how the border-radius hack works

Okay; very late on Sunday, I posted about a curved borders hack to end all (or most) curved border hacks. I was a bit bushed after all the work, so was too tired to explain the hack.

First, a short description of it, for all you people that didn’t read the post:

This hack is a javascript & php script which you simply link to in your <head> section as you would any other external javascript. From then on, you write plain CSS. If you want to give an element a curved corner, then simply specify it in the CSS!

p{
 background:#666;
 padding:10px;
 border:2px solid #333;
 border-radius:30px;
 border-top-left-radius:0;
}

The above would render such as this:

example image

This will work in practically every browser. Don’t believe me? Here’s the test page, and here’s the CSS for that page.

As for native ability – as far as I know, there is only one single browser that can do curved borders.

That browser is, of course, Firefox; the greatest browser in the world.

Unfortunately, not even that great god of a browser gets it all right:

example image

In the example image (which is rendered using Firefox’s native rendering engine – try for your self (Mozilla browsers only)), you can see that the background image is leaking.

I’m currently compiling a build of Mozilla to see if I can get working on a fix for that (unlikely, as my C++ is woeful, but I will try…).

Anyway – look in the example with your own browser and you will see that your own browser can now display it properly.

So, how was it done?

It was a three-step process:

  1. get the css and parse it.
  2. for each element which has a border-radius, remove the border from the element, correcting the size of the element by adding the missing border widths to the elements, and giving the element a custom background image which fakes the border.
  3. create the image

It’s surprising (and there’s probably a universal law that explains it), but the shorter a problem’s description, the more difficult it usually is. Of the three items above, the easiest was the second.

Grabbing the CSS

I spent a week researching how to grab CSS straight from the source before the browser parses it. I gave up after a good read through the W3C’s DOM specs turned up nothing.

Suddenly, the answer was clear: XMLHttpRequest! Why not just grab the actual source, instead of trying to access it through some non-existant DOM interface.

Actually, once I thought of the solution, it was pretty simple… it’s just that I spent so long trying to figure it out that I was damned frustrated.

Parsing the CSS and fixing the elements

Nyeh – read the source and figure it out for yourself đŸ™‚ It’s pretty self-explanatory.

Dean Edwards, as usually, was a life saver. His cssQuery code made it a cinch to grab arrays of each affected element.

The background image

I’m not really a graphical coder, so writing the background painter involved a bit of thought for me.

Basically, the solution, though, was pretty simple again, after I’d worked it out.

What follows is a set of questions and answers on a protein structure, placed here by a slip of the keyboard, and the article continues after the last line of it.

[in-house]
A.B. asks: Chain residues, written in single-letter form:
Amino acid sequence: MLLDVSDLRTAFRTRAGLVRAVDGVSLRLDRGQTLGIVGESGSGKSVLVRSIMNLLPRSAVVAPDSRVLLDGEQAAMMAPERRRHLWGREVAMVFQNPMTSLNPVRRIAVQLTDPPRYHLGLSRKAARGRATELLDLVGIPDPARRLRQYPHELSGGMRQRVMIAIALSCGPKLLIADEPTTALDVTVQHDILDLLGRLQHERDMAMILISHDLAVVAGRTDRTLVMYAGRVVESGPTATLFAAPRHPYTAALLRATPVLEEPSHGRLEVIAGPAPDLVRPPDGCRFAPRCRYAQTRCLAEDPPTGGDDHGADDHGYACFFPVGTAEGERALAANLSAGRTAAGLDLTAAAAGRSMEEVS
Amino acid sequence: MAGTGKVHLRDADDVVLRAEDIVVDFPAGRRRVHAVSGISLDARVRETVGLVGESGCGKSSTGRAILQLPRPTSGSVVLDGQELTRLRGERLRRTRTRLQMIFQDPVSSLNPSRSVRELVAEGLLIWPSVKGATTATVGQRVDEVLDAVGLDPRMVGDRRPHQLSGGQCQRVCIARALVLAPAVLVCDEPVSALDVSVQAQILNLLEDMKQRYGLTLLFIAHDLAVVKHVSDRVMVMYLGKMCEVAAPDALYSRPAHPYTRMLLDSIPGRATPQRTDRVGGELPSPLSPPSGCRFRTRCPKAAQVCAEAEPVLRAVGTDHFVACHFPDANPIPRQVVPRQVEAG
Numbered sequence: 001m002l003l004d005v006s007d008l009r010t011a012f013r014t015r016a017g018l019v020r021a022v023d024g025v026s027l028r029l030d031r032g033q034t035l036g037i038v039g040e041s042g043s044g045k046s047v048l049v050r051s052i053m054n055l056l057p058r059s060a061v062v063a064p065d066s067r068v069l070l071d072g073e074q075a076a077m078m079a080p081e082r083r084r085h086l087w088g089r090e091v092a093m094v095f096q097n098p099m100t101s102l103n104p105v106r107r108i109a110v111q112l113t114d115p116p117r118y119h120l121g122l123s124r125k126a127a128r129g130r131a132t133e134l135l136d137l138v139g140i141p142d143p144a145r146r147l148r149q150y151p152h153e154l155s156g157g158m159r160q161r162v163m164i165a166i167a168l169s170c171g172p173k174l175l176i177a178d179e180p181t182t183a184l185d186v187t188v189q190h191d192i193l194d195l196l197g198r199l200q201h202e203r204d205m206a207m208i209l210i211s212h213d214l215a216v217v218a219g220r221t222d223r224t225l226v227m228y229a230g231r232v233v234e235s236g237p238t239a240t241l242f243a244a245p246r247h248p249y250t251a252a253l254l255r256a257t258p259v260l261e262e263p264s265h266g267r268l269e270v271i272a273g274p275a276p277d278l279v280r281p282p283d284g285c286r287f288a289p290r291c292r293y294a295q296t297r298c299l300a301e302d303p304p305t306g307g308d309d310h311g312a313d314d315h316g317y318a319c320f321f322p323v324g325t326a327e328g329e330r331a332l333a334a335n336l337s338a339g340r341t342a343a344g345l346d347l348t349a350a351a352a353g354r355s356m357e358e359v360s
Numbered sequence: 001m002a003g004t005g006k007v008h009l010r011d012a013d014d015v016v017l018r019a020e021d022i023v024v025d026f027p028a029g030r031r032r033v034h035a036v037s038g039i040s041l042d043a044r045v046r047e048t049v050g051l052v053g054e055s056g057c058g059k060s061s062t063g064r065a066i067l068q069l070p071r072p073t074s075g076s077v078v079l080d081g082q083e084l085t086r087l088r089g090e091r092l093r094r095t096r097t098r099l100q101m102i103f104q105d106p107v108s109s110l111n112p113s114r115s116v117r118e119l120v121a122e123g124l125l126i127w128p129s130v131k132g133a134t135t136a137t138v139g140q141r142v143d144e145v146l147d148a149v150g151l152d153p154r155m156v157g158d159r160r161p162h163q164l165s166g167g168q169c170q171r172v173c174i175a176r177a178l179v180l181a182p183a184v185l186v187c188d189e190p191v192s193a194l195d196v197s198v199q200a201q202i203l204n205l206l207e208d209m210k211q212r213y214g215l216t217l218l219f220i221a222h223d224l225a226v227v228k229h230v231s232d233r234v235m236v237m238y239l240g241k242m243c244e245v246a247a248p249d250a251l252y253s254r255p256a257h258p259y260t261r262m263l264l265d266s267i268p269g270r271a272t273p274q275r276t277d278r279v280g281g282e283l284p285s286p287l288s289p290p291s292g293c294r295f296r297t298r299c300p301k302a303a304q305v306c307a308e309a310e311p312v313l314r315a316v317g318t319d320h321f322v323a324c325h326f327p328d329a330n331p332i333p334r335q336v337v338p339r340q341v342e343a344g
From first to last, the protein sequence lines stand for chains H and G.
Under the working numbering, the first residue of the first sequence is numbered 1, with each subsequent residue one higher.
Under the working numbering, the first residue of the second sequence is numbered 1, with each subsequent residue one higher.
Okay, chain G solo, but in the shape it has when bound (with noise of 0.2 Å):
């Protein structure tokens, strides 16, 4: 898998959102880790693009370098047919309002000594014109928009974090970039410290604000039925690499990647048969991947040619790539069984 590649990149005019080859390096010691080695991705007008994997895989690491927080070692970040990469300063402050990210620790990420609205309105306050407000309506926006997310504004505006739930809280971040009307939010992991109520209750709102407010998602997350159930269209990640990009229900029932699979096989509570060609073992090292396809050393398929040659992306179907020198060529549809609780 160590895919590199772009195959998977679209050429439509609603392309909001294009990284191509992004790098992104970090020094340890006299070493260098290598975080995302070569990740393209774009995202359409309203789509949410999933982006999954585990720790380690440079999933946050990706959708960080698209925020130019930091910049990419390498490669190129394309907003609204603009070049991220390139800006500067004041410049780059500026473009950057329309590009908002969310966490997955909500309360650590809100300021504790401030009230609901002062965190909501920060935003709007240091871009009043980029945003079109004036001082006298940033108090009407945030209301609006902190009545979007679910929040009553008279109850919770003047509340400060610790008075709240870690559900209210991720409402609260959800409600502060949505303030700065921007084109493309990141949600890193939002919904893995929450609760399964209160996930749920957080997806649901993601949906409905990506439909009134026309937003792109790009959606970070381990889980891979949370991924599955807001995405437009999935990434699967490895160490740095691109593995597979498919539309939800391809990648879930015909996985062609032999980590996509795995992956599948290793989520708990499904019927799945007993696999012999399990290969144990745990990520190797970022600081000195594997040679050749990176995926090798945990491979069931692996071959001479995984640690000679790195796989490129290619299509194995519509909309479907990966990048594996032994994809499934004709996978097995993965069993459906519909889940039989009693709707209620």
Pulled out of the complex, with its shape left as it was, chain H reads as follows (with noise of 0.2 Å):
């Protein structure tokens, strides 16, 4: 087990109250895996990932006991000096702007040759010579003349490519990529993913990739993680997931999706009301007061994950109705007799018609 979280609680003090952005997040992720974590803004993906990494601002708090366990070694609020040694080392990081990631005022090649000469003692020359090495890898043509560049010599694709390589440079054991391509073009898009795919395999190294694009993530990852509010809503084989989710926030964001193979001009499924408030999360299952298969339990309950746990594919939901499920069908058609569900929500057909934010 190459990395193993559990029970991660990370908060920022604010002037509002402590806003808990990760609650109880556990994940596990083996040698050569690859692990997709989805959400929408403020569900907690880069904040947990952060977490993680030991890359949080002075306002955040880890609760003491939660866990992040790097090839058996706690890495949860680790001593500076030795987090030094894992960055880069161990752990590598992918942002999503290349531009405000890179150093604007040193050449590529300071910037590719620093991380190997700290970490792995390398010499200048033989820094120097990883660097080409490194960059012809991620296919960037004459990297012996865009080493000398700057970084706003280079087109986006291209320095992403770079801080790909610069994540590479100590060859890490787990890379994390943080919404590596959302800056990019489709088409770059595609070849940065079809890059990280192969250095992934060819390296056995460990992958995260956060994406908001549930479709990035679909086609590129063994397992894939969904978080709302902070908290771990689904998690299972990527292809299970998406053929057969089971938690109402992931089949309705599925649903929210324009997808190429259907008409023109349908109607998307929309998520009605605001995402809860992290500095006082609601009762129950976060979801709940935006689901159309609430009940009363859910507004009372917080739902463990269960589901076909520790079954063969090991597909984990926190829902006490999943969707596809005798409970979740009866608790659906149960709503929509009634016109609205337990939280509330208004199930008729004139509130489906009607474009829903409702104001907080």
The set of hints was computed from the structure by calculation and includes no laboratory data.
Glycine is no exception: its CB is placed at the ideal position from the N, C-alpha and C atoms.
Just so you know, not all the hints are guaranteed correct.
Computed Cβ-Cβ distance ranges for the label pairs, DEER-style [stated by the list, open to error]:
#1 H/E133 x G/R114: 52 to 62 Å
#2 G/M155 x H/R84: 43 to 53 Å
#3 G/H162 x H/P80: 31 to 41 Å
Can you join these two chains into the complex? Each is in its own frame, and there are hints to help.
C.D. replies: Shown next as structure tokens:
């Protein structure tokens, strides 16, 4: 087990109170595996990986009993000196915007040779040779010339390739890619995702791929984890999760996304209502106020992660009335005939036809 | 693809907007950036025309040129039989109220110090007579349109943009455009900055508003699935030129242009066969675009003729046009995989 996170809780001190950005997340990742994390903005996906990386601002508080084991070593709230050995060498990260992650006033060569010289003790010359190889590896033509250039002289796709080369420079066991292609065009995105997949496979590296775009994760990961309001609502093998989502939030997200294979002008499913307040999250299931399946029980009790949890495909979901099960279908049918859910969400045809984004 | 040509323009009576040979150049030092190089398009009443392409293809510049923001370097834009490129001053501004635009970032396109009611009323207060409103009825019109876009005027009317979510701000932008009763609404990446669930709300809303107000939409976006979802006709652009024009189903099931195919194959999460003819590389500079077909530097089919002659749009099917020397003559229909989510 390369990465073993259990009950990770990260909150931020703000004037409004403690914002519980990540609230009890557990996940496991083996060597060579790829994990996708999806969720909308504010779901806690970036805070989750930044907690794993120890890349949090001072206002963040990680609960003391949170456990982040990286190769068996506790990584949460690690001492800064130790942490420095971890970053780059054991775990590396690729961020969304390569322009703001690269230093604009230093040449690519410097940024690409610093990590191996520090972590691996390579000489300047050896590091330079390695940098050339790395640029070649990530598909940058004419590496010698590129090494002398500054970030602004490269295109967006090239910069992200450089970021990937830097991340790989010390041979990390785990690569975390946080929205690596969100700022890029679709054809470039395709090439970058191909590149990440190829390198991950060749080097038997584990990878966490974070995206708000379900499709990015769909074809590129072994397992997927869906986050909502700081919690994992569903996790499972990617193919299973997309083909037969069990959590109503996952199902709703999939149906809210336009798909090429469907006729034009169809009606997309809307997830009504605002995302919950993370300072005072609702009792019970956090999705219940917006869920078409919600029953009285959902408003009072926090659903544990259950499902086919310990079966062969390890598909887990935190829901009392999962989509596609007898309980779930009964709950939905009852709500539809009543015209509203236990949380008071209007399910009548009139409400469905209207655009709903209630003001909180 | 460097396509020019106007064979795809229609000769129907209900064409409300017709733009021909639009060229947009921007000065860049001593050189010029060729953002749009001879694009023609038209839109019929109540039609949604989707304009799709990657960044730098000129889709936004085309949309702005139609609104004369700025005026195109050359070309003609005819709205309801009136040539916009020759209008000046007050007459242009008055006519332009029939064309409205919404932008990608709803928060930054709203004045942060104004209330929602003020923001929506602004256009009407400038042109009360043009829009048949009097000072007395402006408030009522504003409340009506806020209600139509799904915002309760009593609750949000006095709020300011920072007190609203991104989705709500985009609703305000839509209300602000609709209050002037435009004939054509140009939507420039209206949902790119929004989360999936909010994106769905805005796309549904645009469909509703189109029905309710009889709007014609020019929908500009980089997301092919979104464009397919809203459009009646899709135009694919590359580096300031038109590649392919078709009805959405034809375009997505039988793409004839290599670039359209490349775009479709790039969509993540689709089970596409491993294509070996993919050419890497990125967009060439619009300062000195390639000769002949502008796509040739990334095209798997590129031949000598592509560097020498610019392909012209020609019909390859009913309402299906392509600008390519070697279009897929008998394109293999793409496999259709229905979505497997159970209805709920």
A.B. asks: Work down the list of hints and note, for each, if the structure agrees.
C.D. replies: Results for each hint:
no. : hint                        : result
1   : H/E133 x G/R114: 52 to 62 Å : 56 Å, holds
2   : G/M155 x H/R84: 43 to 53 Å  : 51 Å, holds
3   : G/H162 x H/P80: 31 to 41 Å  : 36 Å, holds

You need to paint two images – the first one is a mask, and the second is the border. The mask is for figuring out what should be transparent and what should not.

First, you build the mask. This involves painting a rectangle in a certain colour (eg; black), and then painting the border in another color (white). If the element is supposed to have a background image or colour, then you need to fill in the space between the borders.

Then, you paint the real image. This involves first painting a rectangle in the element’s background colour (if specified), then tiling the background (again if specified).

Once the two images are done, you just go through the mask, a pixel at a time, and whenever a “transparent” indicator (black, in this example) is found, the corresponding pixel in the real image is painted “clear”.

Conclusion

As far as I know, this is a pretty foolproof method – if JavaScript is not enabled, then the browser simply relies on its own rendering capabilities.

There are improvements that could be made – the script has not been tested with multiple colours, and I haven’t coded any border styles (dashed, dotted, etc) into it.

If there is interest in the script, then I may improve on it.

3 Replies to “how the border-radius hack works”

  1. Fascinating… it took several seconds to render the sample page with Firefox 1.0.2, 2.8GHz P4, 512MB RAM, and a very fast LAN. It wins the prize for innovative rounded corner solutions but I’ll stick with images until IE catches on and does it like Firefox.

  2. I copied the code over the my server exactally to test it out but keep getting this error:

    Error: invalid flag after regular expression
    Source File: /border-radius.php
    Line: 2, Column: 11
    Source Code:
    Warning: Cannot modify header information – headers already sent by (output started at /border-radius.php:1) in /border-radius.php on line 3

    Do any particular server settings need to be set for this to work?

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